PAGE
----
Subject to Contract

10 Replies

Hello guys, I'm a newbie and want to do my first deal as "Subject to" existing finance on property in foreclosure. Where can I get a good template or contract with favorable contingencies? Any help or advice is greatly appreciated.
Originally posted by @David Sandoval :
Hello guys, I'm a newbie and want to do my first deal as "Subject to" existing finance on property in foreclosure. Where can I get a good template or contract with favorable contingencies? Any help or advice is greatly appreciated.

"Danger, Danger Will Robinson" (the robot used to say that on Lost in Space.)

Taking a foreclosure Subject To is a very advanced technique with lots of pitfalls in a state like California. At a bare minimum, bring the loan current and give some equity to the seller. Get a Title report, close through Escrow and have an attorney involved. Get all proper disclosures and understand the risks. Keep lots of money in reserve to make the payment every month without fail regardless if you lose your job. Have an exit strategy.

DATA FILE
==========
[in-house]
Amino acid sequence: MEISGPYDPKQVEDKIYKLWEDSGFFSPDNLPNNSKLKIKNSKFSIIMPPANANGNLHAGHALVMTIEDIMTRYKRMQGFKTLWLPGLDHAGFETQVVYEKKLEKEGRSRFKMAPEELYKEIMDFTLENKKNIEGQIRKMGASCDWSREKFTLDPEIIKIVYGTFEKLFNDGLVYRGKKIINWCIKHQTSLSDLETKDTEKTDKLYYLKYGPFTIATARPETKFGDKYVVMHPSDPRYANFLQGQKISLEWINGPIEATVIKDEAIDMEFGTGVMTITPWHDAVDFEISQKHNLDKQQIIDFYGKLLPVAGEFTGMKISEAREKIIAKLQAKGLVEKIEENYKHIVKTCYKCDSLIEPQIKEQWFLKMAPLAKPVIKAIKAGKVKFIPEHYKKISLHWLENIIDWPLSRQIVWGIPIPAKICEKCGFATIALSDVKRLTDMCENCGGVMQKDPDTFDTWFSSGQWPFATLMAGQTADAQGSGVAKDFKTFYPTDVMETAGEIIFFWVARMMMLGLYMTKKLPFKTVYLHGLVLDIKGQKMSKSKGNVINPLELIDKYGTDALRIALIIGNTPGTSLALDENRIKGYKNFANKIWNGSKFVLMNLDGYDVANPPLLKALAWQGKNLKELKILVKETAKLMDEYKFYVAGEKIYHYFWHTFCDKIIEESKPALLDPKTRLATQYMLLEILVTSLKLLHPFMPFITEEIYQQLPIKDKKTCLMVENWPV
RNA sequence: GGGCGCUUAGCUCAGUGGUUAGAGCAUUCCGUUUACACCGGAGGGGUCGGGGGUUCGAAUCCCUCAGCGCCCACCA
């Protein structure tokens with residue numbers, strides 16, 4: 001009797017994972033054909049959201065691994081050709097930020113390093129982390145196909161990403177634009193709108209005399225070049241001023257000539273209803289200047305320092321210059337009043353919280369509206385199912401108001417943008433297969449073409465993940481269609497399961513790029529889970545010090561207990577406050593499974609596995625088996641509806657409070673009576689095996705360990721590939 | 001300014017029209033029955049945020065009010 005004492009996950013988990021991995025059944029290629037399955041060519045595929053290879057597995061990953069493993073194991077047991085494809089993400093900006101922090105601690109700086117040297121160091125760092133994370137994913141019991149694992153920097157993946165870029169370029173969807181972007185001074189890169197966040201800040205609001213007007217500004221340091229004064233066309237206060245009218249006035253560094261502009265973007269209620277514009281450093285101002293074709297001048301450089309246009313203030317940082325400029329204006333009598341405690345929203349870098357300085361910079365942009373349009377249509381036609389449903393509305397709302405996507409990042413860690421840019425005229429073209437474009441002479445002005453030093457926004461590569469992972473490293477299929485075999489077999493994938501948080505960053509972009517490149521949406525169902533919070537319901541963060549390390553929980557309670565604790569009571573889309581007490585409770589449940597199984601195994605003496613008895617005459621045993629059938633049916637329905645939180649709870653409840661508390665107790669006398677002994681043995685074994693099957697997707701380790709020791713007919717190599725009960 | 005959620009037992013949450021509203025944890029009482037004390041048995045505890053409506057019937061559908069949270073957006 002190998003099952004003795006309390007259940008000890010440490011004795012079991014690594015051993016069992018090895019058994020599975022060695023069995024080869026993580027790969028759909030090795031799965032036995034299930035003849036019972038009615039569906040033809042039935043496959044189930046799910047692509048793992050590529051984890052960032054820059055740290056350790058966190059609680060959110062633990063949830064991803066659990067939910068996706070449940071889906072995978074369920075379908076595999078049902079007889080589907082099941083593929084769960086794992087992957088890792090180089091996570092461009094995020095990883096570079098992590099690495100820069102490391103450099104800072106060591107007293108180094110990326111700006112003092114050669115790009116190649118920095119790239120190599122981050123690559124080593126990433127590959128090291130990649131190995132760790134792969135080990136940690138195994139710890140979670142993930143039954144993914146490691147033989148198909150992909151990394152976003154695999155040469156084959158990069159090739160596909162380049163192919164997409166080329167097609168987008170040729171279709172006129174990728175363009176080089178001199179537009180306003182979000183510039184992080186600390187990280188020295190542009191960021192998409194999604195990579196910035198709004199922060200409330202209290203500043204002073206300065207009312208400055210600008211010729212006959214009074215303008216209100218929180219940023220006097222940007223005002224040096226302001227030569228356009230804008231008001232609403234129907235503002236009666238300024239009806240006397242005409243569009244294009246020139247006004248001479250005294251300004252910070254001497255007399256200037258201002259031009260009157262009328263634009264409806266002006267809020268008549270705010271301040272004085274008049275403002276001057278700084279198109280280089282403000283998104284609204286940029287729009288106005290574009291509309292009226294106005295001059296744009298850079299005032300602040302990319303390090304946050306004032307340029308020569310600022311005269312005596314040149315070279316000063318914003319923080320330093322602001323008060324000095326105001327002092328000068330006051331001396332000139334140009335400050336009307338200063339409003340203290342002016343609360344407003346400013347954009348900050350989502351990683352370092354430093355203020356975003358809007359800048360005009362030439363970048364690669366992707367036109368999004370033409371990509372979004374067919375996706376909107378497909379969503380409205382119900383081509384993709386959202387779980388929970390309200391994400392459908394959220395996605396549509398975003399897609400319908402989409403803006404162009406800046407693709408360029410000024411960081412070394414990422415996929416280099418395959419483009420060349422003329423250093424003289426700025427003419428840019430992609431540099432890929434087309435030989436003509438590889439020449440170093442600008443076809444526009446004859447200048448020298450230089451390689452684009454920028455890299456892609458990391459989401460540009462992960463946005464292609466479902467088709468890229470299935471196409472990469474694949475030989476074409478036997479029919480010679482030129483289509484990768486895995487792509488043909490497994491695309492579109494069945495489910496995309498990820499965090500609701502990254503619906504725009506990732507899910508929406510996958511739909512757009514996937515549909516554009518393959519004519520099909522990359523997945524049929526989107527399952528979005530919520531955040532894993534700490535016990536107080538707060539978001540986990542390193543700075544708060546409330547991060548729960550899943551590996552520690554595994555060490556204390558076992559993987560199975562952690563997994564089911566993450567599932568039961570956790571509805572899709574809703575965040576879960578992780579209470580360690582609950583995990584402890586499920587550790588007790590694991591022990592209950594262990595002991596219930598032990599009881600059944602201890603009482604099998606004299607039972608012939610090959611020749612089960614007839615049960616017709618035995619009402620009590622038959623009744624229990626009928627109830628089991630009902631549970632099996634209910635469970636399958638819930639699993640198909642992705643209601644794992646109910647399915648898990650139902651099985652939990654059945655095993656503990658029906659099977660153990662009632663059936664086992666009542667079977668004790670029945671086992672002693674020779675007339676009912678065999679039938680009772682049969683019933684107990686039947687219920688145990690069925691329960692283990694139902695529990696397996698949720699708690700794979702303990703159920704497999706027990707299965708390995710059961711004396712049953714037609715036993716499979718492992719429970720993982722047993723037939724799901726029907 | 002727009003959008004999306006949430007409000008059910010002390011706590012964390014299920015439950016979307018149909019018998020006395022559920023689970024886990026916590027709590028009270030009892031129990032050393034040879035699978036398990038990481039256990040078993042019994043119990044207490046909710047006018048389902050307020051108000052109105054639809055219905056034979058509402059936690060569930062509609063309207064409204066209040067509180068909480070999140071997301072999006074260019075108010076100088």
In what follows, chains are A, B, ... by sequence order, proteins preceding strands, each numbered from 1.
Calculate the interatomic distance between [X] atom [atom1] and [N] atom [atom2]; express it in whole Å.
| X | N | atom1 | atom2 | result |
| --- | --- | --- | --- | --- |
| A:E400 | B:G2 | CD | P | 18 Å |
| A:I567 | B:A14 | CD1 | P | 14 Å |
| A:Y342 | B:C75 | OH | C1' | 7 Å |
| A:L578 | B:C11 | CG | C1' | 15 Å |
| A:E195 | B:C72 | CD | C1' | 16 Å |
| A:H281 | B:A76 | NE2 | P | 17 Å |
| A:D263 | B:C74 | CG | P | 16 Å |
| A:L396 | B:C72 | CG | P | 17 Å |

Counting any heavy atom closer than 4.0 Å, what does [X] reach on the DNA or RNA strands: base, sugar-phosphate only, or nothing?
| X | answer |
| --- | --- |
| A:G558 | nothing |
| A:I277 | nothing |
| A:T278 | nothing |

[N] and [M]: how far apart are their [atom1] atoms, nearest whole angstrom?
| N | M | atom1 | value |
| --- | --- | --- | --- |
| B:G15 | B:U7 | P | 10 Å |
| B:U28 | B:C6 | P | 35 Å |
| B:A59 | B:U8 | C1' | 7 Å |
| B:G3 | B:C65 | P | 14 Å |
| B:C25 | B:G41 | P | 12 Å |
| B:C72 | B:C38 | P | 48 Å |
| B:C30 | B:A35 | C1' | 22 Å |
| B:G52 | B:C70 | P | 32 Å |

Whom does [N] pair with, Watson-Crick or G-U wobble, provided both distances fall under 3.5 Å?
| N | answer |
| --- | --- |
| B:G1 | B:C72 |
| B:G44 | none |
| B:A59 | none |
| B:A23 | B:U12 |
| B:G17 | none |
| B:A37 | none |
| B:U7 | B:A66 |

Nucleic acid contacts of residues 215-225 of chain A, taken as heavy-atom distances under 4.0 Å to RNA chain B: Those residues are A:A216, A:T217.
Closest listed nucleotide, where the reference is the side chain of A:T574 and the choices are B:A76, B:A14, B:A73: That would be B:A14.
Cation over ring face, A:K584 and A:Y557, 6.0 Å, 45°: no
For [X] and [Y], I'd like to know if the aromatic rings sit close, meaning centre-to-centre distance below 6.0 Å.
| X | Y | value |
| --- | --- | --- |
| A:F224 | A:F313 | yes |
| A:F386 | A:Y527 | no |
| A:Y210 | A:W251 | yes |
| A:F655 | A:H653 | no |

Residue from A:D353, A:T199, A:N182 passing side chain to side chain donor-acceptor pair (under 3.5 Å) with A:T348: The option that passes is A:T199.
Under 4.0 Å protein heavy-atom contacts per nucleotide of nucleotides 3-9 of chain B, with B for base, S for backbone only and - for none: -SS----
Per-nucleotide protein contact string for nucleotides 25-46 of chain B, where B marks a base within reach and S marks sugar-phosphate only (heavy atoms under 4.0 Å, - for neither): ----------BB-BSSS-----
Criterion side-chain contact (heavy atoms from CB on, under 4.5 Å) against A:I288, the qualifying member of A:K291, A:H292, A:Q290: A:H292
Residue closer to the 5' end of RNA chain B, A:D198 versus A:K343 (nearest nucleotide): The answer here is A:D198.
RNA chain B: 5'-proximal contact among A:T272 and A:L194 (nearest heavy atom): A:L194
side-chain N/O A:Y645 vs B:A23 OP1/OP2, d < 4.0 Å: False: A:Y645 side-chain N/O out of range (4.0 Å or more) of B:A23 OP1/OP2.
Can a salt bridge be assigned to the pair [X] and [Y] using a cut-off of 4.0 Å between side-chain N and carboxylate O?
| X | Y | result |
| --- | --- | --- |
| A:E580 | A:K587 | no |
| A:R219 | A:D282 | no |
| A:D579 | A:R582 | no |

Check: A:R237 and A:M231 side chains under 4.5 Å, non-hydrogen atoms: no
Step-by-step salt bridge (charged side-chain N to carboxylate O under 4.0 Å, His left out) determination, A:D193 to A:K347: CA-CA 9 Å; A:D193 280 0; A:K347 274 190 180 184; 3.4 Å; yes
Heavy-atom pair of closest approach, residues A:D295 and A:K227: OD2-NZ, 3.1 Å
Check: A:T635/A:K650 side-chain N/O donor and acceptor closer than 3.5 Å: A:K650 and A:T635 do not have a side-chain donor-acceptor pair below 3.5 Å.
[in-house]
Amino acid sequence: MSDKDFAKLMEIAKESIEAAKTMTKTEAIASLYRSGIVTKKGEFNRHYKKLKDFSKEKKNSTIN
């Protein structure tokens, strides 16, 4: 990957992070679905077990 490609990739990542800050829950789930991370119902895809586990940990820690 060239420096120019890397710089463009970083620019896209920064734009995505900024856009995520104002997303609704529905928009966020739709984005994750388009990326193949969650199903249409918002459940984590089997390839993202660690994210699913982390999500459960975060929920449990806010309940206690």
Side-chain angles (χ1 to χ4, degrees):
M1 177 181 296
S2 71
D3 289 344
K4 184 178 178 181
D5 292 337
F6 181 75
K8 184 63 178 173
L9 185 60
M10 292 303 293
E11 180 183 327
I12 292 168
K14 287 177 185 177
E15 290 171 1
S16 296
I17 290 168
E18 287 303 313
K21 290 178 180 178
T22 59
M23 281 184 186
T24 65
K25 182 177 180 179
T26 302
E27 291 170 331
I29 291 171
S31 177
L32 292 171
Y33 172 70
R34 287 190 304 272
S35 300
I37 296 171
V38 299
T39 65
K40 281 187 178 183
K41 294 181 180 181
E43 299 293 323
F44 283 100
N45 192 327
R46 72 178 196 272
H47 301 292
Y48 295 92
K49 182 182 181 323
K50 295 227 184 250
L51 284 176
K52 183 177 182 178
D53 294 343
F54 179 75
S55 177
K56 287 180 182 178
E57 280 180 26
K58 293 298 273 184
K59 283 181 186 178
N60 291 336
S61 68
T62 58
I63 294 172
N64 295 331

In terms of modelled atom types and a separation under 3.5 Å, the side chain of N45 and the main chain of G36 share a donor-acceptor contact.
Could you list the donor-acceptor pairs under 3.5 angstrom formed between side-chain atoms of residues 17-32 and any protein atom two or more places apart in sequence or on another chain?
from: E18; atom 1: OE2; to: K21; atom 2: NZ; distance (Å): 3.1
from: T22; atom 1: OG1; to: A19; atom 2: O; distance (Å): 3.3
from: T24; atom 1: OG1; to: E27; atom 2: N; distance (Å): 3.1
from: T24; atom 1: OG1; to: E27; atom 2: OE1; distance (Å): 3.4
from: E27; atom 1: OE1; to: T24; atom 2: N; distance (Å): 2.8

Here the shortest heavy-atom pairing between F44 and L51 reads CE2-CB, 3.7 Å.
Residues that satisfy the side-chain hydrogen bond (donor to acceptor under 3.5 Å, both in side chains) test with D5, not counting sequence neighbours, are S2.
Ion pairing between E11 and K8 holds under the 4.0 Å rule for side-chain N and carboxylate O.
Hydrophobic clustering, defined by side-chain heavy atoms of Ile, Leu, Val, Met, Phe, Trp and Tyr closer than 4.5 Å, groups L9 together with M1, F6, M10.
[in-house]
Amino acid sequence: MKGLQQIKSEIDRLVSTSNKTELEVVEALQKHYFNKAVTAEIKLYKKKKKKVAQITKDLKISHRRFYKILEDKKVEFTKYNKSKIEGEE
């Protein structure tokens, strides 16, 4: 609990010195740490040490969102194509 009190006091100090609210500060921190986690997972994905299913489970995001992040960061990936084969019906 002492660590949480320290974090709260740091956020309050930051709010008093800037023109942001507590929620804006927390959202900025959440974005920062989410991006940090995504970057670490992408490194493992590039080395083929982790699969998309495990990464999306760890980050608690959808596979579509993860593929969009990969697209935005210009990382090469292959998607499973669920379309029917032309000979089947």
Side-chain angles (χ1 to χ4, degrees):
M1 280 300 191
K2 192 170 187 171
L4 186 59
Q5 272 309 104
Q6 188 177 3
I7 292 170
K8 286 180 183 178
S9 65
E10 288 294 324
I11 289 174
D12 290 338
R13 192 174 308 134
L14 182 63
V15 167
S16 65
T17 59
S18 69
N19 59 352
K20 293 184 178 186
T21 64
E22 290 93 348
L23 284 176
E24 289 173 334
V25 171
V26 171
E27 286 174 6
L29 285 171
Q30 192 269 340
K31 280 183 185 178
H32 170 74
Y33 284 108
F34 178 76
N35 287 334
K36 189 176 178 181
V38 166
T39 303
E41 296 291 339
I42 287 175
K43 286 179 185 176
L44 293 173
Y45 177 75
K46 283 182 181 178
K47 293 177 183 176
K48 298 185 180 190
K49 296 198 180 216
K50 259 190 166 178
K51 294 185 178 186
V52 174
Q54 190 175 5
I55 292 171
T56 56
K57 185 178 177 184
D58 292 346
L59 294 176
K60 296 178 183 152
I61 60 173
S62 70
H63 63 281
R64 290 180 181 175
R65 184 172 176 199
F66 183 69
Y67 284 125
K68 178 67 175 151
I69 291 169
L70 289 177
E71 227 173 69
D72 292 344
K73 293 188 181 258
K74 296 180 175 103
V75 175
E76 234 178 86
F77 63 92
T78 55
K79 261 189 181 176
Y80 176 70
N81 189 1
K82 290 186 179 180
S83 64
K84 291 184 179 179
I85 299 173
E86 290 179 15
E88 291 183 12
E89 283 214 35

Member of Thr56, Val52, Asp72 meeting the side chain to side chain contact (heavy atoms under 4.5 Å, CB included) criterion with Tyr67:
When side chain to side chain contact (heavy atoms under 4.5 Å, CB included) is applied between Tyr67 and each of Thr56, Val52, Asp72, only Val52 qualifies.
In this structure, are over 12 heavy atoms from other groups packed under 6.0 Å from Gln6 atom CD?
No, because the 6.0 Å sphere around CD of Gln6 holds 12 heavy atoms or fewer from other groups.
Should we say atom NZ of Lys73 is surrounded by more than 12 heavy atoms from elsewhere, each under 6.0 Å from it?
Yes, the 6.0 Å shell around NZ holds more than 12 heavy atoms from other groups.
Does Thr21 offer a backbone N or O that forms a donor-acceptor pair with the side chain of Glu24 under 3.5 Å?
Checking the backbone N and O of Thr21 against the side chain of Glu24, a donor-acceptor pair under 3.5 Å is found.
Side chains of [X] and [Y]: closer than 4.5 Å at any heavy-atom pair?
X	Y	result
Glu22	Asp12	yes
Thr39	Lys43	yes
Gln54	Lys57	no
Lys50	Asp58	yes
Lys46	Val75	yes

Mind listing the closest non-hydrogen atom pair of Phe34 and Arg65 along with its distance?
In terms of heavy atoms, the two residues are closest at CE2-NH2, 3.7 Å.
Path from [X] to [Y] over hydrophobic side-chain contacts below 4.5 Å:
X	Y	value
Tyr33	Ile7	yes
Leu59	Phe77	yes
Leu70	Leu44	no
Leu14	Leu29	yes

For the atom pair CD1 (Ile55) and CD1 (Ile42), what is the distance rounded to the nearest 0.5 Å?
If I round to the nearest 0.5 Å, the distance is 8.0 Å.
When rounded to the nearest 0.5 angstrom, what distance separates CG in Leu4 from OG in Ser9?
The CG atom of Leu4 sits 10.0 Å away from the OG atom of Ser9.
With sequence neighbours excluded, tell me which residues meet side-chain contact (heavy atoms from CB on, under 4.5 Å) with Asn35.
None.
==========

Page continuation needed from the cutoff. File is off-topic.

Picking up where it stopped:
Use an attorney. Do not use a real estate agent, they are not equipped for this.

@Ronald Holmes there are contracts in the FilePlace above under the tools tab. However as said, this is an advanced strategy. You should be asking an attorney for a contract. Contracts are serious business and unless you already know contract law you should get serious legal advice. 

I will rephrase or add to what @Robert Gilstrap said you don't need a specific piece pf paper. You need the knowledge of what the piece of paper means.

@Robert Gilstrap I have a contract i use for traditional wholesale deals but i am looking for a contract to close a subject to. @Ned Carey Thank you. I have an attorney but I was looking to bring a template contract to him. I am familar with what the process means. I have already agreed upon a price with seller as well as found a renter willing to pay 600 more than the mortgage. I'm simply looking to make sure i have the right paperwork.

it's good that you have an attorney. You may need one if the seller gets buyer's (sellers?) remorse and accuses you of equity stripping if the property is in or near foreclosure. You have to be a licensed foreclosure consultant in California, barring very specific exceptions. Assuming you have no issues with that front, you also have to deal with the lender accelerating the note for the transfer. They can. They do. You would have no defense either if you did a wrap around or subject to. Will they? Who knows but unless you have a solid exit strategy, it's still a huge gamble where you wont' know whether it was worth it or not until its over.